Chicago, IL (PRWEB) February 08, 2013
Most public relations professionals got a raise last year.
But that doesn’t mean they are satisfied.
According to the results of the first-ever PR Daily Salary and Job Satisfaction survey, 71 percent of public relations professionals received salary increases in 2012. Most of the raises were modest—24 percent of respondents got pay bumps of 2 to 3 percent—but a significant portion earned salary increases of 10 percent or more. Most respondents expect a raise in 2013.
In terms of salary, 51 percent of PR professionals make between $35,000 and $75,000.
Despite the gains, most PR professionals are dissatisfied with their pay.
“As the economy continues its recovery, people working in PR—perhaps more so than other industries—are starting to see that recovery in their paychecks,” said Mark Ragan, CEO of Ragan Communications, which publishes PR Daily. “Still, rising salaries don’t equate to increased satisfaction.”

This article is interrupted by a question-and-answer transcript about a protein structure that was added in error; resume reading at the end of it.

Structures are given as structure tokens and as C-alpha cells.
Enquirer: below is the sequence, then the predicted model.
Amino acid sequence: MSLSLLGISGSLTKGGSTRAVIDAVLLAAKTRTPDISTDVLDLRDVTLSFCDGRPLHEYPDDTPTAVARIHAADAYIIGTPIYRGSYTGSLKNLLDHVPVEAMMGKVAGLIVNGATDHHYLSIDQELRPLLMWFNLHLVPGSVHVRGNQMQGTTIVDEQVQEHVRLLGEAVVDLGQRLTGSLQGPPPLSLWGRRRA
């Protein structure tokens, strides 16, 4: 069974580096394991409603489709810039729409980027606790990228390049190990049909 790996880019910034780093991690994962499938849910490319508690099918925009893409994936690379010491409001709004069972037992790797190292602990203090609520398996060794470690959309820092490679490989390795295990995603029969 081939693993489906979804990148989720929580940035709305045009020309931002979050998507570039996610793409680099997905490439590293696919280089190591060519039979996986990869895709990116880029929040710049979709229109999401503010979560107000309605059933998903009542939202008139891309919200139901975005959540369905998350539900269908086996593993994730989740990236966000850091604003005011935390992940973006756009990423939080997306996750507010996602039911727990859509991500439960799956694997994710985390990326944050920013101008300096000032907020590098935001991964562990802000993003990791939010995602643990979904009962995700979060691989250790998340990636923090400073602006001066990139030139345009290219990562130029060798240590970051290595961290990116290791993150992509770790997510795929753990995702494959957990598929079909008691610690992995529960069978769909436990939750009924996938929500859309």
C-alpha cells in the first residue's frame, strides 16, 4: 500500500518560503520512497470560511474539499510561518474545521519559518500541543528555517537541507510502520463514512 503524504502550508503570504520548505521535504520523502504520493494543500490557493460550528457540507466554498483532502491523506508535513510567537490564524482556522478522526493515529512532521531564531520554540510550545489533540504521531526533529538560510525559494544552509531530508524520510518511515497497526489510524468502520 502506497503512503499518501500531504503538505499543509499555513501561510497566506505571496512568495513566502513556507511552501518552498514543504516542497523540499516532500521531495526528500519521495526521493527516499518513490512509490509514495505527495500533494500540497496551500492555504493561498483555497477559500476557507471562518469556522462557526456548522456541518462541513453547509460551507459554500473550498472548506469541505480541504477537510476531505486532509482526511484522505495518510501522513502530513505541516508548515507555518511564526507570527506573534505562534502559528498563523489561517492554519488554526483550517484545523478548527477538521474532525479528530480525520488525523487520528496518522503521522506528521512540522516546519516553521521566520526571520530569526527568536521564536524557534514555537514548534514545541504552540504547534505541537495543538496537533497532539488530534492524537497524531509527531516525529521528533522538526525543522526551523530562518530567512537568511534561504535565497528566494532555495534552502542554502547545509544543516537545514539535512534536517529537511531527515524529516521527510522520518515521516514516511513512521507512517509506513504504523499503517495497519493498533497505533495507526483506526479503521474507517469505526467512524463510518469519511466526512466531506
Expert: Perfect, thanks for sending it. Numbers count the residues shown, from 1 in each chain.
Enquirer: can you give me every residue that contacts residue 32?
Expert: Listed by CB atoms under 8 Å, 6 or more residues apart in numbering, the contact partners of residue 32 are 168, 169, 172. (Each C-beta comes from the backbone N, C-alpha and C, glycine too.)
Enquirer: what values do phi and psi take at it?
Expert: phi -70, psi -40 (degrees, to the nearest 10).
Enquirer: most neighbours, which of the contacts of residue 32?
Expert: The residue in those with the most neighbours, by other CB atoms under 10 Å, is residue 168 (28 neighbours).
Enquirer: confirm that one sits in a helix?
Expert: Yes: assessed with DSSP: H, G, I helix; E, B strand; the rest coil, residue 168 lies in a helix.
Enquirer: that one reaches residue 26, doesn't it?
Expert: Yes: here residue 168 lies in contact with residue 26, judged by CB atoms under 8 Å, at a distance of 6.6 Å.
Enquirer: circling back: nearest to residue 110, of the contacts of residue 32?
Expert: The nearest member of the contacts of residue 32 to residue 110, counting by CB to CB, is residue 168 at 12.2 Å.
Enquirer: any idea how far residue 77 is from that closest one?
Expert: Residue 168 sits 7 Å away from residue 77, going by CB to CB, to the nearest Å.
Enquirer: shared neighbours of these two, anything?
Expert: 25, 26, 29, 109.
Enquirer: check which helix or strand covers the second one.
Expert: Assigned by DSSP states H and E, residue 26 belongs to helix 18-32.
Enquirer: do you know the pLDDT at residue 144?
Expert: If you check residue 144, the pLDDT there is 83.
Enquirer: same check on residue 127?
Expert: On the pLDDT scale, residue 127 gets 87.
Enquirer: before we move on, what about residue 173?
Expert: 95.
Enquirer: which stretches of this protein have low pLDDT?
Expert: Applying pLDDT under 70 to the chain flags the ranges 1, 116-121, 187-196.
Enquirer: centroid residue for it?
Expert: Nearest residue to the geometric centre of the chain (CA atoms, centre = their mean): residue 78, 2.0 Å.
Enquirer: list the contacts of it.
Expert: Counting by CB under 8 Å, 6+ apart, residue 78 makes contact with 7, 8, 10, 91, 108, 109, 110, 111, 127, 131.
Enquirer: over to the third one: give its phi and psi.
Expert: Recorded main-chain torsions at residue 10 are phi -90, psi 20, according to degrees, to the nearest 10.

More than half (52 percent) of respondents said they are somewhat dissatisfied or very dissatisfied with their compensation. Naturally, the lower they are on the pay scale, the less satisfied they are with their salaries, according to the survey. People working at PR agencies are most likely to be dissatisfied with their pay, while those at public companies are the most likely to be satisfied.
More than 2,700 public relations professionals took part in the online survey, which was conducted in December 2012. Forty-three percent of respondents have been in the PR field from five to 20 years; most respondents (77 percent) were women.
Other findings from the survey include:
“I’ve been trying to leave the office and take an actual,” one survey respondent said. “It’s taken me five years to finally figure out that everyone needs a break.”
PR Daily is owned by Ragan Communications, which publishes a suite of news and training websites, including Ragan.com, Health Care Communication News, and HR Communication. The company also hosts a variety of conferences and workshops aimed at people working in the corporate communications industry.